The Justice Department is suing Georgia over the state's voting laws, a person familiar with the matter said Friday.
The announcement will be made later Friday by Attorney General Merrick Garland. It comes two weeks after Garland said the Justice Department would scrutinize a wave of new laws in Republican-controlled states that tighten voting rules. He pledged to take action if prosecutors found unlawful activity.
The person was not authorized to discuss the matter publicly before the official announcement and spoke on condition of anonymity.
The move also comes as pressure grows on the Biden administration to respond to GOP-backed laws being pushed in the states this year. An effort to overhaul election laws was blocked this week by Republican senators.
As of mid-May, 22 restrictive laws had passed in at least 14 states, according to the Brennan Center for Justice, which researches voting and supports expanded access.
The increased enforcement of voting rights laws also signals that Biden and Assistant Attorney General Kristen Clarke — who was one of the nation’s leading civil rights attorneys before her nomination to lead the department's civil rights division — are making good on a promise to refocus the department around civil rights after a tumultuous four years during the Trump administration.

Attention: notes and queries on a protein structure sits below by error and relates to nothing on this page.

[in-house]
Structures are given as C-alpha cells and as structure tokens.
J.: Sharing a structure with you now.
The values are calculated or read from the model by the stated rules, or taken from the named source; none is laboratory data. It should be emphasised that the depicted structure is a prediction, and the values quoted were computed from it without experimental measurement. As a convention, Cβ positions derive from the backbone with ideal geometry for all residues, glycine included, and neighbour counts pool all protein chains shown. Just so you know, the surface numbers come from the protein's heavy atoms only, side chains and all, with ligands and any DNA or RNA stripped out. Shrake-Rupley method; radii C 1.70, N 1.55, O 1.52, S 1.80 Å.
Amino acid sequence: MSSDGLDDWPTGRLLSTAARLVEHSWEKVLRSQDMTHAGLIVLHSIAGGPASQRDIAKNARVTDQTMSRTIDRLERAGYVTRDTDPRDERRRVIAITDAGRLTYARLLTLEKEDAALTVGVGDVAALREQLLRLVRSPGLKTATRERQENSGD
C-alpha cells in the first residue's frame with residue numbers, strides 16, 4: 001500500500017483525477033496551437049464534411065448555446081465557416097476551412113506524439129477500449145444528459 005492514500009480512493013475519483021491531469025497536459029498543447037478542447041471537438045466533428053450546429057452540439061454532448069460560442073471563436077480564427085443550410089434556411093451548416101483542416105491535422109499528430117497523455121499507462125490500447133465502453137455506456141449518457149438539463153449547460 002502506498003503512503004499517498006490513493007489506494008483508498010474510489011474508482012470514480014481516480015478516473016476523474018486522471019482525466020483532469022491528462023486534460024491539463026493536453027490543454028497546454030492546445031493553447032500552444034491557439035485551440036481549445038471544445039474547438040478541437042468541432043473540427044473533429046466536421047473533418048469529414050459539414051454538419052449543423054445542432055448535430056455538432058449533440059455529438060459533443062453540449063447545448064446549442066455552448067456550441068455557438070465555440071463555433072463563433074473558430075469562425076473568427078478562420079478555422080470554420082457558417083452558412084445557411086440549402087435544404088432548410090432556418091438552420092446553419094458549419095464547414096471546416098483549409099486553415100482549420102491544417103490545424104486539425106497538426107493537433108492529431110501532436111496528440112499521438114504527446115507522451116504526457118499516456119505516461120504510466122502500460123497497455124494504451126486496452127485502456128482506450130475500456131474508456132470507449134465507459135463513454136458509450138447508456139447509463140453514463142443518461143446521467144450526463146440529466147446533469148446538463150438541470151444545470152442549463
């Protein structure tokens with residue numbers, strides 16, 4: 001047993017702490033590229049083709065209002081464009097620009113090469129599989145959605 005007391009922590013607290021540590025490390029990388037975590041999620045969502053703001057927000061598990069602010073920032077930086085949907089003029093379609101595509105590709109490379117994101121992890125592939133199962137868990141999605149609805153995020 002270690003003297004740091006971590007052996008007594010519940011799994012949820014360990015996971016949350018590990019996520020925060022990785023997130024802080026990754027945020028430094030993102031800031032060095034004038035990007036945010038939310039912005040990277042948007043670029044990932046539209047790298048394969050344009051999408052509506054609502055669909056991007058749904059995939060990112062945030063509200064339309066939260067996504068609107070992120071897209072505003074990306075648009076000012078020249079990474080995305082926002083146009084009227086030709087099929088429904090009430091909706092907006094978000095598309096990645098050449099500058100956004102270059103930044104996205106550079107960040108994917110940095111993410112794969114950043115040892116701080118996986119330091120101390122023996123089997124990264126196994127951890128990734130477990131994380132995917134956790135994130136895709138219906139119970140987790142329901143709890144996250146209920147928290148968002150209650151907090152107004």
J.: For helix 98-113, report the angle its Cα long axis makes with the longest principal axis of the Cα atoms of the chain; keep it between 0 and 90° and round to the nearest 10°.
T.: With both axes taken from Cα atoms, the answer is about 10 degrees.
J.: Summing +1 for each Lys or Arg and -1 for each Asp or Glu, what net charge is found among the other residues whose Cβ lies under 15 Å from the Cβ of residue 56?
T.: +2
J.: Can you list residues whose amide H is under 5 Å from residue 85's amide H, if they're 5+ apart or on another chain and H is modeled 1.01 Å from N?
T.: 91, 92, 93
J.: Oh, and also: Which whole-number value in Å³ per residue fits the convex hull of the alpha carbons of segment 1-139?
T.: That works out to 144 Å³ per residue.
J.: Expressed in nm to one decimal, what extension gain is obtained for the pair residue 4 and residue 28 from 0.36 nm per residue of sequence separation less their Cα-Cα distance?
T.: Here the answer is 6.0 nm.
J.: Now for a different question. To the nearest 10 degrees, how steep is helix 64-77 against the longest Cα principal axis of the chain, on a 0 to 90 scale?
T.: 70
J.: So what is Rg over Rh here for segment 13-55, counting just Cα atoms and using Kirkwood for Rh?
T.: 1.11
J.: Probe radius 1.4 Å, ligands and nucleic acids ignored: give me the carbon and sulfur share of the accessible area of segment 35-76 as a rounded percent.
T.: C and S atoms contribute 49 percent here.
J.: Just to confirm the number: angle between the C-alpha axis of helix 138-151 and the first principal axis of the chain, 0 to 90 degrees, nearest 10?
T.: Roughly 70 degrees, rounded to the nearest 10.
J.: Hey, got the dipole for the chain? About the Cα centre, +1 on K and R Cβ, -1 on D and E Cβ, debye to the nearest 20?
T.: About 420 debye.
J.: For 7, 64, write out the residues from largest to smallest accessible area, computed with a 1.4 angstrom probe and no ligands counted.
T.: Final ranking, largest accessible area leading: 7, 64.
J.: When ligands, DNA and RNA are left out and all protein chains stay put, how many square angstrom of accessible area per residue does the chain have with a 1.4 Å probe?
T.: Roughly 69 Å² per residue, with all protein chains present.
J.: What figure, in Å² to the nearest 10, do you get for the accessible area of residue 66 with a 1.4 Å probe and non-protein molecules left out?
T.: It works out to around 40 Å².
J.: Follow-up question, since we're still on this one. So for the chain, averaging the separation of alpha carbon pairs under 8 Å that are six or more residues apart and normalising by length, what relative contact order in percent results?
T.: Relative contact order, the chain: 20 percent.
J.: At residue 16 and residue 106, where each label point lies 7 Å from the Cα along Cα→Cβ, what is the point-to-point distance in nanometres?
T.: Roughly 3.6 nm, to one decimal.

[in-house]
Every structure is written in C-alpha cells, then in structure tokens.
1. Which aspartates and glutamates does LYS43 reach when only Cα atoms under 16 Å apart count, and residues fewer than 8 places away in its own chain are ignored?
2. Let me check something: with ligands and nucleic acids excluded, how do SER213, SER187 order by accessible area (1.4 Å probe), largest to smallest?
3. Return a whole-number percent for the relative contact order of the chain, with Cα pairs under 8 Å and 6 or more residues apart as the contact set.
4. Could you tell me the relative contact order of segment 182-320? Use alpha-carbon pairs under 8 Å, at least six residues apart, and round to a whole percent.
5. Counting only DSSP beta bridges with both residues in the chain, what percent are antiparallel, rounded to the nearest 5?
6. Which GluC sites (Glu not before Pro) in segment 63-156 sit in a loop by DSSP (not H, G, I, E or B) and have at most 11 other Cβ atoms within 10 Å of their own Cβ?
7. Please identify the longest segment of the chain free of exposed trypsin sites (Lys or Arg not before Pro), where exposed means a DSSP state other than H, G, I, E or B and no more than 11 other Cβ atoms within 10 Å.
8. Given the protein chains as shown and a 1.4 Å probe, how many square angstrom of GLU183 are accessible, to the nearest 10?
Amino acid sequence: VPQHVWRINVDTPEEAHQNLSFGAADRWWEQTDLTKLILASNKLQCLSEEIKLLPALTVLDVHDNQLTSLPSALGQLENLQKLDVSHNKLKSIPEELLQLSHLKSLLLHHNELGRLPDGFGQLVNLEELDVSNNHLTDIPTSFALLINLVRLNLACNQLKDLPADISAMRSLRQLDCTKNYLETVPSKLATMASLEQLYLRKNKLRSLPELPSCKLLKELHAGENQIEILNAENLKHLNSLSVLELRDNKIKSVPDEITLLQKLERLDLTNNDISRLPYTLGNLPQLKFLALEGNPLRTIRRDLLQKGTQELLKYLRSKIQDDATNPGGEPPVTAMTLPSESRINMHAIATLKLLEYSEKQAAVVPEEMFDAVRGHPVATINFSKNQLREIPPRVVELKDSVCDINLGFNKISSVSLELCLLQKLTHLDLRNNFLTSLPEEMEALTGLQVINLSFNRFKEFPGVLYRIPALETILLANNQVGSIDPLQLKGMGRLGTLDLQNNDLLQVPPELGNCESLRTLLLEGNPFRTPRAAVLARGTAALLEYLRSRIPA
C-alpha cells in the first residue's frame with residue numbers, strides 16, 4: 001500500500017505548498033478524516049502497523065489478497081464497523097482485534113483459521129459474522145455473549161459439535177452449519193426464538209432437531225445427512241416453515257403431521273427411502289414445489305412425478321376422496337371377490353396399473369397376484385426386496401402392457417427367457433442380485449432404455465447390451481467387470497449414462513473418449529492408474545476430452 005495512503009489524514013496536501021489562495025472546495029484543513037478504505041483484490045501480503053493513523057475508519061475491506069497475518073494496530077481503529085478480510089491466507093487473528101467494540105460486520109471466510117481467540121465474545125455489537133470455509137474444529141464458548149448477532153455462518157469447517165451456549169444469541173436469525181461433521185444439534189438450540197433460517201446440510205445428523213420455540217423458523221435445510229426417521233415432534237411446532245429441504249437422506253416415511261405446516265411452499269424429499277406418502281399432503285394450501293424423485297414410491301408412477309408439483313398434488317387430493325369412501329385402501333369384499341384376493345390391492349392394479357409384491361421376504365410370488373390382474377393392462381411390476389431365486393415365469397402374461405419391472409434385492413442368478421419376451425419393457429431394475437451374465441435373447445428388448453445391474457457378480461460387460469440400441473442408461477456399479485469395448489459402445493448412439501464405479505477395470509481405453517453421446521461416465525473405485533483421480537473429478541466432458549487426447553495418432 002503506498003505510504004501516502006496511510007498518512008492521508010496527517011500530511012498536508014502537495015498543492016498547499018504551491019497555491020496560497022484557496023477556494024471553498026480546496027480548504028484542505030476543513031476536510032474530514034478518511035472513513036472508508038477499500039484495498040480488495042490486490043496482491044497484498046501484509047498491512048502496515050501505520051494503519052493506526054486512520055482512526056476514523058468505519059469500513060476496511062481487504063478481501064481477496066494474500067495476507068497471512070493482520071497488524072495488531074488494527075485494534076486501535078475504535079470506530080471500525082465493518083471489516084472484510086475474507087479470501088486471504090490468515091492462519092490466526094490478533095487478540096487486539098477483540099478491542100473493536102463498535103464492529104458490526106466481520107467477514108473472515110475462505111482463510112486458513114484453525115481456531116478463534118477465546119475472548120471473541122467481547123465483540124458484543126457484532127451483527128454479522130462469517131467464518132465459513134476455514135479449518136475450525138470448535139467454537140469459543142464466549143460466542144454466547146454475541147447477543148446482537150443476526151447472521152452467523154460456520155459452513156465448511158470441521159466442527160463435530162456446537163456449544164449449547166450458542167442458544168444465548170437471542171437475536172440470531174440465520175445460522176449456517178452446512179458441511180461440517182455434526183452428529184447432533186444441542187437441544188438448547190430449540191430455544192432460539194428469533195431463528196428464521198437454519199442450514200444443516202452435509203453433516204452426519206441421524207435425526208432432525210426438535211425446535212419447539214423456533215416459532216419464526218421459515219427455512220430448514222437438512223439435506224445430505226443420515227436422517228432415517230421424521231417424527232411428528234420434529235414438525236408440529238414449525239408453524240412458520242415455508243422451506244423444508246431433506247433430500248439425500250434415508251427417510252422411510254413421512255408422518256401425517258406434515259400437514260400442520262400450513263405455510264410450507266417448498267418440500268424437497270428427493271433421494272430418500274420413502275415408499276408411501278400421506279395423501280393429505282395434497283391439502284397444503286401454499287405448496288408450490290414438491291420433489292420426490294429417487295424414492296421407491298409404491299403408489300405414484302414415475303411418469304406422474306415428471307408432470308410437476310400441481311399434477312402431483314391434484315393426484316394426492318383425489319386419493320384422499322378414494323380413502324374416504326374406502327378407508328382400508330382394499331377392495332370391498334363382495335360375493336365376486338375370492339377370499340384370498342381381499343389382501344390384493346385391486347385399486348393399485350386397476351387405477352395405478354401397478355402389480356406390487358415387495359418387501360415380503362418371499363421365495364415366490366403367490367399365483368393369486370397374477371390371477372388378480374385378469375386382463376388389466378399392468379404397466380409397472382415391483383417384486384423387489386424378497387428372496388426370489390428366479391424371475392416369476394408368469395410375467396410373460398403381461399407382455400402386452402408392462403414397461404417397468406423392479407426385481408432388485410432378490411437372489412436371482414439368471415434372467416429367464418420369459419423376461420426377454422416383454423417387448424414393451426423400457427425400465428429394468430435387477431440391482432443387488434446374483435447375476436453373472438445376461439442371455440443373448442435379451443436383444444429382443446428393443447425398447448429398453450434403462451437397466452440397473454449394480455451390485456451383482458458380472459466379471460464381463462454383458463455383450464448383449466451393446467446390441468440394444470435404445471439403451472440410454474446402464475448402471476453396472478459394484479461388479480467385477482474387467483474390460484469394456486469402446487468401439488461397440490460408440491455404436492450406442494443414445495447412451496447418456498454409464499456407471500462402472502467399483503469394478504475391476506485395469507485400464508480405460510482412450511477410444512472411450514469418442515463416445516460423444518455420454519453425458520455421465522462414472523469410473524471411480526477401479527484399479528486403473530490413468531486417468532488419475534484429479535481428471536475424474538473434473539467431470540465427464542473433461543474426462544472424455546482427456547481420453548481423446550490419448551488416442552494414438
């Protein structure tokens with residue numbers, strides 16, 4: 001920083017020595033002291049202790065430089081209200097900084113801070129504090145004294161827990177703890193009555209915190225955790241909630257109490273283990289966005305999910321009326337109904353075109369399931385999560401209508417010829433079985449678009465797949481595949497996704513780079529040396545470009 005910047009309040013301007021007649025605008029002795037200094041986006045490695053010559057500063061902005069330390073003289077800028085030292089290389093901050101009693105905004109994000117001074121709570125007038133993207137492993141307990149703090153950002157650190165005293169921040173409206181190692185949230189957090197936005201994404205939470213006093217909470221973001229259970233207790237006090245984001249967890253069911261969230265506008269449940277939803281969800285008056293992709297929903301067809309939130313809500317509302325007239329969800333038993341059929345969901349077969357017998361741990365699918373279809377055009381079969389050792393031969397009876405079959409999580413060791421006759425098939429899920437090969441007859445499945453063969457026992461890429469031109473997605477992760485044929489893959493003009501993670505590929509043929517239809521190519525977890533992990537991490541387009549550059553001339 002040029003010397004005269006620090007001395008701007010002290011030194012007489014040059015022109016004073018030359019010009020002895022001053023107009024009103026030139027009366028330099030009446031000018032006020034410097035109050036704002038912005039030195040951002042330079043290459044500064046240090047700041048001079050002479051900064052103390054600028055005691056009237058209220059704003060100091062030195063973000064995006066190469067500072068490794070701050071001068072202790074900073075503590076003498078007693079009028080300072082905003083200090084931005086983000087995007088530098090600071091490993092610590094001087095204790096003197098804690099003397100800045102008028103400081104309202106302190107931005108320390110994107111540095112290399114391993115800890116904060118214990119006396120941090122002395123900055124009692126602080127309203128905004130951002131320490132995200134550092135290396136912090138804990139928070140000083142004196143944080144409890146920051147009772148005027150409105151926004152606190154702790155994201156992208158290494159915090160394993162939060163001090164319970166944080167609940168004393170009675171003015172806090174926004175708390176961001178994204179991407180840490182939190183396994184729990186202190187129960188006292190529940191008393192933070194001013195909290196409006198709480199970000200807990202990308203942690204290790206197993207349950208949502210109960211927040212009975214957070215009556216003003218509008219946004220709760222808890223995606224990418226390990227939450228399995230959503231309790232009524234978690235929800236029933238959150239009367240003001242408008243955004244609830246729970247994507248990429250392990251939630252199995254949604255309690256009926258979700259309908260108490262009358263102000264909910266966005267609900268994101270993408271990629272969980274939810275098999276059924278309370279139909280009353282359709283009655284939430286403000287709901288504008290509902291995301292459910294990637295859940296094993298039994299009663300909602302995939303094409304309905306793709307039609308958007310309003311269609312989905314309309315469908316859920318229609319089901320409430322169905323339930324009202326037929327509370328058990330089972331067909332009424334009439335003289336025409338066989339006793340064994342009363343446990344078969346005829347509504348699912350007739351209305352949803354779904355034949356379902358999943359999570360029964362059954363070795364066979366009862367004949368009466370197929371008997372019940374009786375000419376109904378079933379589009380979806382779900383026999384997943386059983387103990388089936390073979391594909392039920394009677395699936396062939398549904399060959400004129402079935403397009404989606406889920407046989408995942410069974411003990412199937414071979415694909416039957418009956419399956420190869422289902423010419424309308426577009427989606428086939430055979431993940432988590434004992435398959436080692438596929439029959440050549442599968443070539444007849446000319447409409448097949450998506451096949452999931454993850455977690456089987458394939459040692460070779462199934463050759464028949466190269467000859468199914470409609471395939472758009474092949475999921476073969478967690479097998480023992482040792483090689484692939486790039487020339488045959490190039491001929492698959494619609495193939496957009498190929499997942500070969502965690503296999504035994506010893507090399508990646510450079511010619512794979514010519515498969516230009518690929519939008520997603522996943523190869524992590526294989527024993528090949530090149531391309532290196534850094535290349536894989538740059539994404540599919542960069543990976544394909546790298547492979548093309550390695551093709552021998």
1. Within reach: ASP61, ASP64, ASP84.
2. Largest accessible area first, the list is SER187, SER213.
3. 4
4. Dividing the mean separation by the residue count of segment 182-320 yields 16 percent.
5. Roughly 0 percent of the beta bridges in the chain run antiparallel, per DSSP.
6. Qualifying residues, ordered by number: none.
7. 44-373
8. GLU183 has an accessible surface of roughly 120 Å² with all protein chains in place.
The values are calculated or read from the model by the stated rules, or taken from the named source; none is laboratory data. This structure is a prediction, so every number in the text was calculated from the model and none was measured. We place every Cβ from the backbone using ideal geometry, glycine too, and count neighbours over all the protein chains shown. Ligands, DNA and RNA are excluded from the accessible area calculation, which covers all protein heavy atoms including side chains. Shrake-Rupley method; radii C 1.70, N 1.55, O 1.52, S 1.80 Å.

While much of the more controversial aspects of Georgia's new voting law were dropped before it was passed, it is notable in its scope and for newly expansive powers granted to the state over local election offices.
Under the bill, the GOP-dominated legislature gave itself greater influence over a state board that regulates elections and empowered that board to remove local election officials deemed to be underperforming.
That has raised concerns that the state board could intervene in the operations of Democratic-run county election offices in metro Atlanta, the state’s Democratic power center.
The bill also adds a voter ID requirement for mail ballots and will result in fewer ballot drop boxes in metro Atlanta.
Additional reporting by The Associated Press.